“The Land of the Free” is a work of fiction that explores one possible answer to the question: “What might those who’ve lost value lending money to governments do to recover what they see as their rightful property?”
The Description is here:
Cam Burrows of the Border Patrol discovers a massive military complex and air base in northern Mexico, staffed by Chinese nationals. He is captured and may not be able to get word back unless he can escape and find a way back to the United States.
Meanwhile Robbie Linssman uncovers a conspiracy involving his employer, a large shipping company. When he tries to notify the FBI, he turns up dead. His best friend and long-retired SEAL John Corson has soured on life. He wants nothing to do with any investigation but is reluctantly pulled into it. Joining Corson are Robbie’s daughter Jess and two others, Frank and Lyle, who have their own reasons for helping out. Jess and Lyle visit an island off Panama that holds the key to the conspiracy. Will they find what they’re looking for and live to tell about it? Will John and Frank, pursued by a paramilitary group trying to kill them, stay alive long enough to learn the truth and find a way into the White House to warn the President?
But President Jackson Torres has problems of his own. Drowning in debt and facing a financial crisis, he struggles with his unpopularity and is surrounded by cabinet members intent on their own agenda. President Torres finds his foreign policy is spinning out of his control and tensions with China are escalating in spite of his best efforts. As he is manipulated into a confrontation he can’t win and is in fact meant to lose, the very existence of the United States is in jeopardy.
In today’s world of budget and trade deficits, not much consideration is given to the motives of those who hold all that debt. When the inevitable happens and the bonds are devalued by inflation or default, what acts might the losers contemplate? “The Land of the Free” explores one frightening possibility as only a work of fiction can.
Here is a review from someone I gave early access to:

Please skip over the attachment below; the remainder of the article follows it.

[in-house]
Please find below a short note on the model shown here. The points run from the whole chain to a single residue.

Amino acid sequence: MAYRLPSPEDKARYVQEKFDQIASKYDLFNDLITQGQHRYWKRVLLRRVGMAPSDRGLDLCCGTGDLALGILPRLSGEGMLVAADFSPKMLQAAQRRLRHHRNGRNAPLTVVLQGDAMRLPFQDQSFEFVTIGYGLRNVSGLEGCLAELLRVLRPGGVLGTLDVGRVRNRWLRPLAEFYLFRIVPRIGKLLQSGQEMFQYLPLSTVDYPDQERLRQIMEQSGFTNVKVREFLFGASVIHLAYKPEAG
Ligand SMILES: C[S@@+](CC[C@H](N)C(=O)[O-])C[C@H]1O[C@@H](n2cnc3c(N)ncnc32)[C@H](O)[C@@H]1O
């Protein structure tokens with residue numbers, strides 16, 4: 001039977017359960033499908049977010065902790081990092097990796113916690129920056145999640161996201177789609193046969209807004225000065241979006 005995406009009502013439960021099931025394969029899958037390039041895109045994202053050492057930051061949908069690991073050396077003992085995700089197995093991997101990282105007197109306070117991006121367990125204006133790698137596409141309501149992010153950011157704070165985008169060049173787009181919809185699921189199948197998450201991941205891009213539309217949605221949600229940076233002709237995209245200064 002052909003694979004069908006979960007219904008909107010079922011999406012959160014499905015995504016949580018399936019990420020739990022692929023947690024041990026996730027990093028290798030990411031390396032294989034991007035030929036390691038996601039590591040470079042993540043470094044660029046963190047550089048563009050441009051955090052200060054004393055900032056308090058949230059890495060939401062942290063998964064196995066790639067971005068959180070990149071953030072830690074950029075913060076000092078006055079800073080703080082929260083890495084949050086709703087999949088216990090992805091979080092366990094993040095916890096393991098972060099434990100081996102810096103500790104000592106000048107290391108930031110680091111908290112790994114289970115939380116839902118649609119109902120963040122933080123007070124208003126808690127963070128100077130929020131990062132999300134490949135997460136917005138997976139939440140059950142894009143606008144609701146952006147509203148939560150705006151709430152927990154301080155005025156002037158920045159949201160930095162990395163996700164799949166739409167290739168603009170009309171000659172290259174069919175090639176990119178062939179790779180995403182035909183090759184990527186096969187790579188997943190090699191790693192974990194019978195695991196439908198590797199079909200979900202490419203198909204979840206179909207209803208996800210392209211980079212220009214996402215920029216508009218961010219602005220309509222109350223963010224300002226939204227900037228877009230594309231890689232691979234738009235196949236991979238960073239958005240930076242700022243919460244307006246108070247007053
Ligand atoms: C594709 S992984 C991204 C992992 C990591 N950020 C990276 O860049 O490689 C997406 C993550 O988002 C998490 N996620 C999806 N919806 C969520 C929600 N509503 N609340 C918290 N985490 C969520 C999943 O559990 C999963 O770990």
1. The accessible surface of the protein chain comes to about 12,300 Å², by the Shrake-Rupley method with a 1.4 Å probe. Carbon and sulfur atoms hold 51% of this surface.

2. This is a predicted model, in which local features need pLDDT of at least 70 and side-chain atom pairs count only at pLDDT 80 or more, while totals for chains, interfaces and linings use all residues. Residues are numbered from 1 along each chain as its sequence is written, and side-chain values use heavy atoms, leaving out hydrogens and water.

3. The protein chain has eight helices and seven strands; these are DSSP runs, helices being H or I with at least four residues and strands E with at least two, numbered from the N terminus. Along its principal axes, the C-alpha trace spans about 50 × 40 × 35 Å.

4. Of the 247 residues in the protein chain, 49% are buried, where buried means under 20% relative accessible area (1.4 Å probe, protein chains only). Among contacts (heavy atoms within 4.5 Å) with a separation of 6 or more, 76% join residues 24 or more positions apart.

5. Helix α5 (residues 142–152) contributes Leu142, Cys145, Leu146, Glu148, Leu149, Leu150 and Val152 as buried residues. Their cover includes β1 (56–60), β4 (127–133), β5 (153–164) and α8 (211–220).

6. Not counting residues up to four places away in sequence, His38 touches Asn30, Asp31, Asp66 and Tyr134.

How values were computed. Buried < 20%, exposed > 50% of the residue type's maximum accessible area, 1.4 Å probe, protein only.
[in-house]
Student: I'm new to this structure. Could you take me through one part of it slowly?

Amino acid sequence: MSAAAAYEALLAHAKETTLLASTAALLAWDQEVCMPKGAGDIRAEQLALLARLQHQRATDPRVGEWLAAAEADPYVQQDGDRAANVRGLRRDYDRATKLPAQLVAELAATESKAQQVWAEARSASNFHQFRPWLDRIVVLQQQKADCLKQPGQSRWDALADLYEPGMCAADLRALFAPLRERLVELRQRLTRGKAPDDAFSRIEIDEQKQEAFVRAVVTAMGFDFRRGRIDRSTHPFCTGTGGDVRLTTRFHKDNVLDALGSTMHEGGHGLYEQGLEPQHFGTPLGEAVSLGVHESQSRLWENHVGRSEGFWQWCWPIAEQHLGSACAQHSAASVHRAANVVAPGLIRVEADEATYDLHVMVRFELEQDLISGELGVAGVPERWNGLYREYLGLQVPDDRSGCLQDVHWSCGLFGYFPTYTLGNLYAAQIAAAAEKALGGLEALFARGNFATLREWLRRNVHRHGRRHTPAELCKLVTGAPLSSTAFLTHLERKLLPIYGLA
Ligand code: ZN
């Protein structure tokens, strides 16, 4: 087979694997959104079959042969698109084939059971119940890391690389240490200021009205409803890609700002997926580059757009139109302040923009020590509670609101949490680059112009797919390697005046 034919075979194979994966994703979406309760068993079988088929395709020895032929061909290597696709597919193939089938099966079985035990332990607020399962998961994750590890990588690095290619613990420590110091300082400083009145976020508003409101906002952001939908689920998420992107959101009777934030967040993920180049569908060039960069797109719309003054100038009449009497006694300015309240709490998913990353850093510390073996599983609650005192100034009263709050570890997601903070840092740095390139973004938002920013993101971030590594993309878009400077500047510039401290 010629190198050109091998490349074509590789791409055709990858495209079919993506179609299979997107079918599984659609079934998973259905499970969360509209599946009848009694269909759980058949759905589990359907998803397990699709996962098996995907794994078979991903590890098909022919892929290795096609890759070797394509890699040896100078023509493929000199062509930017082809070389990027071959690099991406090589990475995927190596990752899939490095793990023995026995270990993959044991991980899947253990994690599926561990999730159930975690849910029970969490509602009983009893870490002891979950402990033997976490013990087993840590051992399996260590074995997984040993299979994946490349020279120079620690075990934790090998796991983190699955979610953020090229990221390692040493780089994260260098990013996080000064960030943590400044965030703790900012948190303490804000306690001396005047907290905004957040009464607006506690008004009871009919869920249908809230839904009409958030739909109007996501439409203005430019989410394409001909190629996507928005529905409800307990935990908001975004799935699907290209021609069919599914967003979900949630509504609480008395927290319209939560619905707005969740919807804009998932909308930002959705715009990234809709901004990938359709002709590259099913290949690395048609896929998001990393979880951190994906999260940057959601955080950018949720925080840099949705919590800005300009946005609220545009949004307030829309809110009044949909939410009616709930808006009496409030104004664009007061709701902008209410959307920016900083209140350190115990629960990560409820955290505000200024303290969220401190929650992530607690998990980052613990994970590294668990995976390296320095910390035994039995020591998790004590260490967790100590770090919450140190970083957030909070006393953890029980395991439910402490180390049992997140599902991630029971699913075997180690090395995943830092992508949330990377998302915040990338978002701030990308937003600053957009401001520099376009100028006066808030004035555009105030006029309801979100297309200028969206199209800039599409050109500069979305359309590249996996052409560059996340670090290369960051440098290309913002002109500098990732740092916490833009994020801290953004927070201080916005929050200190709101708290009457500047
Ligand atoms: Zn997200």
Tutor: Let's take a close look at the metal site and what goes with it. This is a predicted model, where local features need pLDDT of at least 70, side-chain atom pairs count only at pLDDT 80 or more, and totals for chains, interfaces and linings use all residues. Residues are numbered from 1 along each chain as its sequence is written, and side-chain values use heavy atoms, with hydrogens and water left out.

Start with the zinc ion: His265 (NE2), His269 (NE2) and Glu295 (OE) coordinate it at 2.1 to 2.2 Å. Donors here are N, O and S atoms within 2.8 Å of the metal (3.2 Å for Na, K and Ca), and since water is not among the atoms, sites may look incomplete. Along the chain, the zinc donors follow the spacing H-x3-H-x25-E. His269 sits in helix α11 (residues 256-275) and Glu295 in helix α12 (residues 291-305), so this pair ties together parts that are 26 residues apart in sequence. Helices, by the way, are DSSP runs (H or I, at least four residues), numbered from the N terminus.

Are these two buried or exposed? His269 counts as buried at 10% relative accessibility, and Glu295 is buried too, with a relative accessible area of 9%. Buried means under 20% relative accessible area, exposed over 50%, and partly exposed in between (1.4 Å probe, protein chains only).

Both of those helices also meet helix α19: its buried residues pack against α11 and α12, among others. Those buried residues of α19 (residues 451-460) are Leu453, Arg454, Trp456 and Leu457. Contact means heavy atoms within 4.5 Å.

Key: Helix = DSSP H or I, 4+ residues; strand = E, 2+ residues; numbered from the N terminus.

It’s not often you get to read fiction that makes you think “wow, I’ll bet it really does happen like that.” The Land of the Free does exactly that. Krakondack (a pseudonym) has a rare gift of painting a high-level confrontation in very convincing language, making you feel like you were in the room when it happened. For instance, the chapter where the President threatens to drop the pretense and tell the public how they are governed, and the Cobra’s response, had me highly agitated and really believing her threats. The masterful dialog is interspersed with crisp action that keeps you turning the pages to see the next plot twist. Yes, there are twists, particularly near the end as what you thought was happening turns out not to be exactly the case. Is it conspiracy stuff? Yes, and it’s written for those willing to take the red pill and open their eyes to the reality that things are not as they seem. But if that’s you, then this is the book for you. Why would the wealthiest entities in the world continue to lend money to a nation that can’t pay it back, value for value? Simple, because they expect something else in return, something of higher value. That premise forms the basis for the plot, and it is slowly revealed as something truly frightening. I truly appreciated that the author brought Mises into the discussion, even if it was just a passing mention. The teachings of that great economist are proving themselves more every day, and scenarios like the one painted here arise repeatedly in history when a nation is overcome by debt. The ending is unexpected, but it is on a note of hope for the future, something we need urgently. I unequivocally recommend this book.